There are many types of dog ears due to the shape and size.
In my opinion there are only 4 really different types of dog’s ears and the rest are all varieties of these four.
First is the sticky up ears like huskies, Chihuahua and Alsatians.
These ears are always stuck up like the dog is on constant listening mode.
Second are the hangy down ears like beagles, bloodhounds and basset hounds.
I am not sure what the purpose of having ears like this are for.
The only evidence I have seen is their use as a food collector while eating or absorbent sponge during drinking with the sole purpose of maximising the food/water splatter radius while shaking.
The third are the half n half ears that start off going straight up, then giving up half way and flopping over.
These ears seem to be a firm favourite for the humans which give rise to lots of gibberish and cooing noises from them.
The fourths are greyhound and lurcher ears.
They do not fit into one category as they are the gymnastic Olympians of dog ears and have a full range of semaphore capabilities.
Generally, unless there is a medical reason, all ears are all capable of hearing any and all food activity in the kitchen.
Although during recall and training they seem to have a full system failure.
There is one strange thing nearly all dogs have in common, the ‘torn’ bit on the outside edge of our ears.
I have often been asked how my ears got torn. Go on then I know your human wants to check your ears for your torn bit I will wait.
Here is the news flash to your humans… the torn bits are not torn and are in fact a natural part of our ears.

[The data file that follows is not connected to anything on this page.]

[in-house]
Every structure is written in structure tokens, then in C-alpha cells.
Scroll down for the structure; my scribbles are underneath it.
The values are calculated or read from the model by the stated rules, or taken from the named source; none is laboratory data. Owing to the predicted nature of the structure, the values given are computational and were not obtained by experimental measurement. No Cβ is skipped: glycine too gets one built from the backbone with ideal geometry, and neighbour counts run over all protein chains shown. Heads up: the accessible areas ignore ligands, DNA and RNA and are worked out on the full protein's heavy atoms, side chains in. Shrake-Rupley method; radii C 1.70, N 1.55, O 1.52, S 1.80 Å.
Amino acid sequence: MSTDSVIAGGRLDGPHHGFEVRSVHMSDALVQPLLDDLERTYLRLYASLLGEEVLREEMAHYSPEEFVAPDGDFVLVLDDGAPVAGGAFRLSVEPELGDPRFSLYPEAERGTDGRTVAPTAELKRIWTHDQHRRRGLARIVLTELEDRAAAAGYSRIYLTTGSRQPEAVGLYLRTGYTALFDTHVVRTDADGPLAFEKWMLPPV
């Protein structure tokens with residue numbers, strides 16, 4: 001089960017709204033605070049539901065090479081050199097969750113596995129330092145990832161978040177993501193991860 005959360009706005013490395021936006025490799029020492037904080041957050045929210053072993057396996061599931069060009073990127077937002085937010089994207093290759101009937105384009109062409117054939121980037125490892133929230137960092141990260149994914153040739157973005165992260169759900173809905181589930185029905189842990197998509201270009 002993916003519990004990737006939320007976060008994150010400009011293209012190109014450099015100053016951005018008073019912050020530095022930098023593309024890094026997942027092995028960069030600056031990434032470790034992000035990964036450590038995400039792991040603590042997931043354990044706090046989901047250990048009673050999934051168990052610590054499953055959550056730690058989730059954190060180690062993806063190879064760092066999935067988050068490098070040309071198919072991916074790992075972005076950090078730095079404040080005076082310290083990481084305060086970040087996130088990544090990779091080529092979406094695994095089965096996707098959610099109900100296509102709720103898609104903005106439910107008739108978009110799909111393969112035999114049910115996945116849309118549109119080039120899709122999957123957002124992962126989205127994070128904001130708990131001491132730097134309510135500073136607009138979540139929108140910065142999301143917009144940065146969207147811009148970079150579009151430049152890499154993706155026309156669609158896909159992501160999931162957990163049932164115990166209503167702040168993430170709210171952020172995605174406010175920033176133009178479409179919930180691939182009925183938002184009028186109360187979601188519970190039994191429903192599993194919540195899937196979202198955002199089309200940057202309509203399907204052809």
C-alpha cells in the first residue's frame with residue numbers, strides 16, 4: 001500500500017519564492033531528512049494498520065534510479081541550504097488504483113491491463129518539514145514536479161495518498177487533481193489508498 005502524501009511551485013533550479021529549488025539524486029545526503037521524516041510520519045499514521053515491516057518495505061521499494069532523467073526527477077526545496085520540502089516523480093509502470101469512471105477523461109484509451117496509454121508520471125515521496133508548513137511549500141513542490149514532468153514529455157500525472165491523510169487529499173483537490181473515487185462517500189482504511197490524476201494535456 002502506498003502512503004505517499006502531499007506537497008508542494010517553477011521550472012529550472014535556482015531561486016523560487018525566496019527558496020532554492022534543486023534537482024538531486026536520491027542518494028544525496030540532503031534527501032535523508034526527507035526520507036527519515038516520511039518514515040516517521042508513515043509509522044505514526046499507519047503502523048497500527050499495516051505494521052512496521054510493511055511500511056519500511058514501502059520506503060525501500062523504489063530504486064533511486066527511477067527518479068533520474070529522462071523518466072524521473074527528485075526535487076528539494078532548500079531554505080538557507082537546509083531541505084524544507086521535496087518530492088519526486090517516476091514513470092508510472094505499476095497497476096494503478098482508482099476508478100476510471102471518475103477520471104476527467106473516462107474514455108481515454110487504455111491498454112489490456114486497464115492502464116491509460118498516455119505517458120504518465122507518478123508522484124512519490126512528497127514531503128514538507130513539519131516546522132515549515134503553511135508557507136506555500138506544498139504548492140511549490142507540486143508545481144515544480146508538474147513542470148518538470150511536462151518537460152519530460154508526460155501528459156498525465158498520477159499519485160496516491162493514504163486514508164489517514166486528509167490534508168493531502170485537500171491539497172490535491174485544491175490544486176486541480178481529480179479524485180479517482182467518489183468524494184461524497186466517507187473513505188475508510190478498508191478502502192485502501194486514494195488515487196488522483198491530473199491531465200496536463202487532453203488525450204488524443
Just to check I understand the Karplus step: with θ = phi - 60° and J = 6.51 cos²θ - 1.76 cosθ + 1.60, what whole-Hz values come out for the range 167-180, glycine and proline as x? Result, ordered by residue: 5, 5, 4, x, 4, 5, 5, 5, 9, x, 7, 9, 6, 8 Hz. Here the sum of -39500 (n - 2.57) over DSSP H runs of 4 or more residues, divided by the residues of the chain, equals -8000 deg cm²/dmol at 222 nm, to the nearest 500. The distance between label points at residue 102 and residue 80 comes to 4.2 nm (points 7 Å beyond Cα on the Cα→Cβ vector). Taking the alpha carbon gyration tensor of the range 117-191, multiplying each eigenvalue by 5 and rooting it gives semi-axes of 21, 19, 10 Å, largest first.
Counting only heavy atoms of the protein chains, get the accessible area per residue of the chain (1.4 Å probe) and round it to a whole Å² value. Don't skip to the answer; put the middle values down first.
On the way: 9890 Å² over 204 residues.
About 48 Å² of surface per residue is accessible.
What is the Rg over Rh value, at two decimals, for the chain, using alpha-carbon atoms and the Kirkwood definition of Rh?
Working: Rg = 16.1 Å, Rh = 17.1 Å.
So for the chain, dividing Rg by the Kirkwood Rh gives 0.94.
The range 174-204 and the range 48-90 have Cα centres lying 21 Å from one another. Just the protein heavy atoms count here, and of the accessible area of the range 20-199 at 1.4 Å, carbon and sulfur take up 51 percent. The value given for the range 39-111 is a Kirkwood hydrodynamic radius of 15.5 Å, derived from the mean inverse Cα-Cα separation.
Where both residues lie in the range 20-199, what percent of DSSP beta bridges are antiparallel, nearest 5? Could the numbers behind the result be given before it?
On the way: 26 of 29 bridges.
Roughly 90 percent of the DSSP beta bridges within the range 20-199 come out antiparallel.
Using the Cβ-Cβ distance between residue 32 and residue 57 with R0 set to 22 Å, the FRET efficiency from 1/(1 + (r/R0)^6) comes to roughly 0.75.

Human scientists are not quite sure why we have these torn bits but suspect it has something to do with us being able to hear really high pitched noises.
Ear care is very important and your human should check them regularly to make sure they are kept clean and clear from dirt and parasites.
The hangy down ears need particular attention as they can easily form infections due to the air not circulating as much and creating a warmer environment for parasites and germs.
Any redness, unusual smells, discharge, shaking of the head or furious scratching of the ears may be a sign something is wrong.
If you suspect any of these symptoms get your human to check your ears and get advice from your vet.
Your ears should be checked regularly.
Most humans do this when they groom us or in the evenings when we are snuggled up with them on the sofa chilling out.
Our humans seem to have a strange attraction to fiddling with our ears when we are trying to relax.
When your humans are cleaning your ears they should only use small bits of damp cotton wool, starting from the centre and wiping toward the edges of our ears.
It must be pointed out here that the cotton wool should not be dripping wet as a sudden drip into our ears will result in us jumping up and shaking our heads vigorously. This will also make us more reluctant to ear cleaning the next time.
Each bit of cotton wool should only be used once.
Any foreign objects or lots of dirt inside our ears must be removed carefully so that it is not pushed further down into our ear. If the object or dirt is deep into our ear then assistance from a vet may be required.
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